Some voters and many experts worry about areas using old, obsolete DRE devices that lack software and security upgrades. An analysis earlier this year found that the USA has made little progress since the 2016 election in replacing antiquated, vulnerable voting machines; and done even less to improve capabilities to recover from cyberattacks.

Last week, the Pew Research Center released results of its latest survey. Key findings: while nearly nine-in-ten (89%) Americans have confidence in poll workers in their community to do a good job, 67% of Americans say it is very or somewhat likely that Russia (or other foreign governments) will try to influence the midterm elections, and less than half (45%) are very or somewhat confident that election systems are secure from hacking. The survey also found that younger voters (ages 18 - 29) are less likely to view voting as convenient, compared to older voters.

Oregon's process is more secure. There are no local, electronic DRE devices scattered across towns and cities that can be hacked or tampered with; and which don't provide paper backups. If there is a question about the count, the paper ballots are stored in a secure place after the election, so elections officials can perform re-counts when needed for desired communities. According to the NBC News report, Oregon's Secretary of State, Dennis Richardson, said:

"You can't hack paper"

Oregon posts results online at results.oregonvotes.gov starting at 8:00 pm on Tuesday. Residents of Oregon can use the oregonvotes.gov site to check their voter record, track their ballot, find an official drop box, check election results, and find other relevant information. 2) ,

Oregon's process sounds simple, comprehensive, more secure, and easy for voters. Voters don't have to stand in long lines, nor take time off from work to vote. If online retailers can reliably fulfill consumers' online purchases via package delivery, then elections officials in local towns and cities can -- and should -- do the same with paper ballots. Many states already provide absentee ballots via postal mail, so a mail-only process isn't a huge stretch.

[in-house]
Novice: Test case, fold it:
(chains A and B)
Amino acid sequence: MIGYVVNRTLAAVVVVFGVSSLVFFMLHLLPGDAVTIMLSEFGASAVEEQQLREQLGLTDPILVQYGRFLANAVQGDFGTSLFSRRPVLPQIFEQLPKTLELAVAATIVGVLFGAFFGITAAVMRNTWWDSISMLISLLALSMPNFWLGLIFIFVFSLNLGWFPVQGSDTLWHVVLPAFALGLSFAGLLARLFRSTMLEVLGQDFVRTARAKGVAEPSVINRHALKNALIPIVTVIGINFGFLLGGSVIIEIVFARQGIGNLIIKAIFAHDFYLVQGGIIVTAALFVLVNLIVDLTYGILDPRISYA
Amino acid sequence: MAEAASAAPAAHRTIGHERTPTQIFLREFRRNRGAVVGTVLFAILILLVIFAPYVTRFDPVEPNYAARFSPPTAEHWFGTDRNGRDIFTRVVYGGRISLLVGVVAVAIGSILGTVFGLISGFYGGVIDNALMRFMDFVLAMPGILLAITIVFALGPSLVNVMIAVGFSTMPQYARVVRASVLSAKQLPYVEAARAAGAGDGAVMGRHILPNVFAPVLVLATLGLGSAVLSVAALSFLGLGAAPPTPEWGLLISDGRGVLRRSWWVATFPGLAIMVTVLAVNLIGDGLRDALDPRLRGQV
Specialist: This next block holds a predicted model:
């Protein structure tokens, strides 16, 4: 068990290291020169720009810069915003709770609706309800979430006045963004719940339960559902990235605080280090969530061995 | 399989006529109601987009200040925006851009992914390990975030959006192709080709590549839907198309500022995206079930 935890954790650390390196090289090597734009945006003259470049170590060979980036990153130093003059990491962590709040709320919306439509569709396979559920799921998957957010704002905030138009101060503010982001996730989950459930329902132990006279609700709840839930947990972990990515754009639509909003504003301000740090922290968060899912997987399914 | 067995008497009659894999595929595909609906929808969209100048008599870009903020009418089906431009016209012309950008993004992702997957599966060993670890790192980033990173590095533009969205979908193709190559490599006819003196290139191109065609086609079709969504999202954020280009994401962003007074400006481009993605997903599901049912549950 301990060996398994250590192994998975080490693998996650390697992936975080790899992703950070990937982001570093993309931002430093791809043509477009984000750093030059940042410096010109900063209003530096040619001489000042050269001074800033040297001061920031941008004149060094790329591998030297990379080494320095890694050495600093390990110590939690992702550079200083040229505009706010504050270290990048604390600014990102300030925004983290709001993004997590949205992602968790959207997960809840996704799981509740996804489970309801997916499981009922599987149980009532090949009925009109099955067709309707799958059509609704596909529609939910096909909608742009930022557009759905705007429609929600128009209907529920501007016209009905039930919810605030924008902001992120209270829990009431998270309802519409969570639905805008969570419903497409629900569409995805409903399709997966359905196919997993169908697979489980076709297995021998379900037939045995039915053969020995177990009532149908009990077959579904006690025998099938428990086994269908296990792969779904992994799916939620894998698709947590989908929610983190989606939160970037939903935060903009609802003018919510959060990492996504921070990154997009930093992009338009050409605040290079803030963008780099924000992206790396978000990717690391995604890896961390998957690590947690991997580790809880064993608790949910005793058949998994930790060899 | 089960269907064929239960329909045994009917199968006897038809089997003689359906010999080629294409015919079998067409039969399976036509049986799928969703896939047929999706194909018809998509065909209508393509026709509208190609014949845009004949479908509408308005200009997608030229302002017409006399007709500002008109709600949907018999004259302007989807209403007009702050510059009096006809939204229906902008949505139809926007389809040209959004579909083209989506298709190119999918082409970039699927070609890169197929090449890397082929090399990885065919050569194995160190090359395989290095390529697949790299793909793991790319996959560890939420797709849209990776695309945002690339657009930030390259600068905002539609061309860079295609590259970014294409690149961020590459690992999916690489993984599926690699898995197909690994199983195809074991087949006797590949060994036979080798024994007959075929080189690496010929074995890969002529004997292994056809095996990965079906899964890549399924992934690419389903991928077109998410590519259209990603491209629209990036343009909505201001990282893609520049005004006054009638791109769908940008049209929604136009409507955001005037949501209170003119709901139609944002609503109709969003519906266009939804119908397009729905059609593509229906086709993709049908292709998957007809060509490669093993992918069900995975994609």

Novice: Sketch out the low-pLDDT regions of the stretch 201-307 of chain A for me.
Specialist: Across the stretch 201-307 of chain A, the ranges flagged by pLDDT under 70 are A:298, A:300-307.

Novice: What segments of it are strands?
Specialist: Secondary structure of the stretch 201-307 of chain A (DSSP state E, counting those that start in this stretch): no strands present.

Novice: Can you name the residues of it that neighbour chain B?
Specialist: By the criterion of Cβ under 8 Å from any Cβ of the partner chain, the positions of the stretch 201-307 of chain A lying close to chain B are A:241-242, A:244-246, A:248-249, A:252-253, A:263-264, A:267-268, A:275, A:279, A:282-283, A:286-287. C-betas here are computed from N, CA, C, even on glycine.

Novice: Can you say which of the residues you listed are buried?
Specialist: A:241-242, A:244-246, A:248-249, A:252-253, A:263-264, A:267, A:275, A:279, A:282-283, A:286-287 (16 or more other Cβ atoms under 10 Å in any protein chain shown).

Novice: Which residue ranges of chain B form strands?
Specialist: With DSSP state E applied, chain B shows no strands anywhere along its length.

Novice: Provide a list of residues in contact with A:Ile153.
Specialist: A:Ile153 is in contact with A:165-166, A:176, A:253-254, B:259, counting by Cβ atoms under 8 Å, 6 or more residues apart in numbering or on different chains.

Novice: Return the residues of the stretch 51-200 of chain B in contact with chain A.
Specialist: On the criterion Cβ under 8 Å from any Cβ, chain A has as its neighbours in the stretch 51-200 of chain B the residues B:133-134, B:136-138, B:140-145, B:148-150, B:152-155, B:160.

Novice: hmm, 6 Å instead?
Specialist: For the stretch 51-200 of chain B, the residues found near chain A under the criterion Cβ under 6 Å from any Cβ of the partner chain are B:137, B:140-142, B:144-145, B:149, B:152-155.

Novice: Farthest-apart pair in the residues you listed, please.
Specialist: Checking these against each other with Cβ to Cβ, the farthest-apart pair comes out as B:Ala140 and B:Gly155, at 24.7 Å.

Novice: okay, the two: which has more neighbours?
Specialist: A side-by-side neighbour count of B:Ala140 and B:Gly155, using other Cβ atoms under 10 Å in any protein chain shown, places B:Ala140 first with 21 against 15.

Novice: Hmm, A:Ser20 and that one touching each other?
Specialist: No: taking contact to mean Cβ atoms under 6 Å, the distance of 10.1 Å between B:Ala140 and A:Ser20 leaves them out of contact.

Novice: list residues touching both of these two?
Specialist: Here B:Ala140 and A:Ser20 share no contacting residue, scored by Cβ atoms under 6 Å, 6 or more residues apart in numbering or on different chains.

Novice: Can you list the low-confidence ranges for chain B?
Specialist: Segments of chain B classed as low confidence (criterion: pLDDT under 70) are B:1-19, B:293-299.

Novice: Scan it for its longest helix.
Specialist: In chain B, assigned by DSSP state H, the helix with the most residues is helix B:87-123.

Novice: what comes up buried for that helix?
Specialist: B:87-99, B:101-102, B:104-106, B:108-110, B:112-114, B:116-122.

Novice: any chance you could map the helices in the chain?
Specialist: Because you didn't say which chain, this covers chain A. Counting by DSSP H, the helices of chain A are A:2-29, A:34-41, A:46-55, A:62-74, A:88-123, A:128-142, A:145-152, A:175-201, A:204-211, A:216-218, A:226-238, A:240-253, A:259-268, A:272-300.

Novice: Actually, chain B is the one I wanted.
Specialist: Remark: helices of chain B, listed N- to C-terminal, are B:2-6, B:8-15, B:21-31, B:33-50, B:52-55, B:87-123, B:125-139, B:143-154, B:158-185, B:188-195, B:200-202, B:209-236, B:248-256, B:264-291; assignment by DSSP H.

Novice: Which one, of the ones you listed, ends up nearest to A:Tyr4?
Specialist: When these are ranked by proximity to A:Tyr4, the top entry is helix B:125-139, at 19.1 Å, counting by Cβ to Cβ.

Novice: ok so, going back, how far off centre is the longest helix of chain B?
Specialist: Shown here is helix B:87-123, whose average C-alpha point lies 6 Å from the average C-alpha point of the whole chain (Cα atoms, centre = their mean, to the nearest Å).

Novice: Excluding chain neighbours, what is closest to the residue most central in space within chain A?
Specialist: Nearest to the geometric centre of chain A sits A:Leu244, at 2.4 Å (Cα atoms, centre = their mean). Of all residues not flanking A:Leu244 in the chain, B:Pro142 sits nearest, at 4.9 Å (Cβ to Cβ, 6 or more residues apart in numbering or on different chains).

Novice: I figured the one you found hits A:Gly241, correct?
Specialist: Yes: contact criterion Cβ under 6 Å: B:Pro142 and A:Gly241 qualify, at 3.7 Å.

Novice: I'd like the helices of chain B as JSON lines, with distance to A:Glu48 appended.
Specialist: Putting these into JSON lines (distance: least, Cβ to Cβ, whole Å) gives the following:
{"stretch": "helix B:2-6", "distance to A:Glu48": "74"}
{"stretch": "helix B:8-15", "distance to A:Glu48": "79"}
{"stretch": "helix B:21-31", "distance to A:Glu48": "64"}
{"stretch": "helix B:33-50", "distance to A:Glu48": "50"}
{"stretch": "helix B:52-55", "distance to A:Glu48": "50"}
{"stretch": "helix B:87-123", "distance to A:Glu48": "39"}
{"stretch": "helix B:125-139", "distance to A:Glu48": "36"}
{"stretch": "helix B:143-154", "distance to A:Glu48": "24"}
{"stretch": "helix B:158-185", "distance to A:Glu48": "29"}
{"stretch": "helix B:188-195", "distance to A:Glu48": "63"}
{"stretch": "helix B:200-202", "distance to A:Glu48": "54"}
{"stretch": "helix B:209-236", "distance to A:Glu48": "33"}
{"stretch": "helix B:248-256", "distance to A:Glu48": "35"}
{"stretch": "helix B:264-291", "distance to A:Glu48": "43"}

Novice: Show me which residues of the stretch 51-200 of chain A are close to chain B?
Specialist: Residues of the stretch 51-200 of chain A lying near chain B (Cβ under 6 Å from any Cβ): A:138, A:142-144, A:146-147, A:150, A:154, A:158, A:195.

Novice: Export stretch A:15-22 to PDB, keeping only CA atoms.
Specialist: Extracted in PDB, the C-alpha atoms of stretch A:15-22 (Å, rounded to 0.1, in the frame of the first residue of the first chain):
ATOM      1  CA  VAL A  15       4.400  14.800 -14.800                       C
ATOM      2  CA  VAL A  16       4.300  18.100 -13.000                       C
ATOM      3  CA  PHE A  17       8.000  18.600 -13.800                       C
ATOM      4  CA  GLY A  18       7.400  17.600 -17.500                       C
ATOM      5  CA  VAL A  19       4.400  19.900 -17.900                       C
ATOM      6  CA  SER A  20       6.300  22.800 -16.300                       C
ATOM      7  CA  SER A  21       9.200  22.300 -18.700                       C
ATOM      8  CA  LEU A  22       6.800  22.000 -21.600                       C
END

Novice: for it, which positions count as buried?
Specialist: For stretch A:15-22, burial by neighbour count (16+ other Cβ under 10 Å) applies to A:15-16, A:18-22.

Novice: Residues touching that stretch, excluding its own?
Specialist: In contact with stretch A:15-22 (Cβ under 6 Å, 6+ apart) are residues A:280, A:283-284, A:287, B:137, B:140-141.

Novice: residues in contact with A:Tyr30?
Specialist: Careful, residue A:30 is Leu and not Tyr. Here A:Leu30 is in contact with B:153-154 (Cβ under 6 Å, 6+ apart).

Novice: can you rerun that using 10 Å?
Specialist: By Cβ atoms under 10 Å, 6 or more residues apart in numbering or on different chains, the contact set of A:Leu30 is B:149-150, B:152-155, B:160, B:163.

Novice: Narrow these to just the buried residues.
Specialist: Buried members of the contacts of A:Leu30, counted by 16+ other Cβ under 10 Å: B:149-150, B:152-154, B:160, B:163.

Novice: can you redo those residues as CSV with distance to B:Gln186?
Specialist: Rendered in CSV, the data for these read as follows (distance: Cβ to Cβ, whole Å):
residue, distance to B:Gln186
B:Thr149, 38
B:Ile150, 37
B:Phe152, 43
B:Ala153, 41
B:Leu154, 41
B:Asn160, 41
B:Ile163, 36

When Fatal Crashes Can't Be Avoided, Who Should Self-Driving Cars Save? Or Sacrifice? Results From A Global Survey May Surprise You

Experts predict that there will be 10 million self-driving cars on the roads by 2020. Any outstanding issues need to be resolved before then. One outstanding issue is the "trolley problem" - a situation where a fatal vehicle crash can not be avoided and the self-driving car must decide whether to save the passenger or a nearby pedestrian. Ethical issues with self-driving cars are not new. There are related issues, and some experts have called for a code of ethics.

Like it or not, the software in self-driving cars must be programmed to make decisions like this. Which person in a "trolley problem" should the self-driving car save? In other words, the software must be programmed with moral preferences which dictate which person to sacrifice.

The answer is tricky. You might assume: always save the driver, since nobody would buy self-driving car which would kill their owners. What if the pedestrian is crossing against a 'do not cross' signal within a crosswalk? Does the answer change if there are multiple pedestrians in the crosswalk? What if the pedestrians are children, elders, or pregnant? Or a doctor? Does it matter if the passenger is older than the pedestrians?

To understand what the public wants -- expects -- in self-driving cars, also known as autonomous vehicles (AV), researchers from MIT asked consumers in a massive, online global survey. The survey included 2 million people from 233 countries. The survey included 13 accident scenarios with nine varying factors:

  1. "Sparing people versus pets/animals,
  2. Staying on course versus swerving,
  3. Sparing passengers versus pedestrians,
  4. Sparing more lives versus fewer lives,
  5. Sparing men versus women,
  6. Sparing the young versus the elderly,
  7. Sparing pedestrians who cross legally versus jaywalking,
  8. Sparing the fit versus the less fit, and
  9. Sparing those with higher social status versus lower social status."

Besides recording the accident choices, the researchers also collected demographic information (e.g., gender, age, income, education, attitudes about religion and politics, geo-location) about the survey participants, in order to identify clusters: groups, areas, countries, territories, or regions containing people with similar "moral preferences."

Newsweek reported:

"The study is basically trying to understand the kinds of moral decisions that driverless cars might have to resort to," Edmond Awad, lead author of the study from the MIT Media Lab, said in a statement. "We don't know yet how they should do that."

And the overall findings:

"First, human lives should be spared over those of animals; many people should be saved over a few; and younger people should be preserved ahead of the elderly."

These have implications for policymakers. The researchers noted: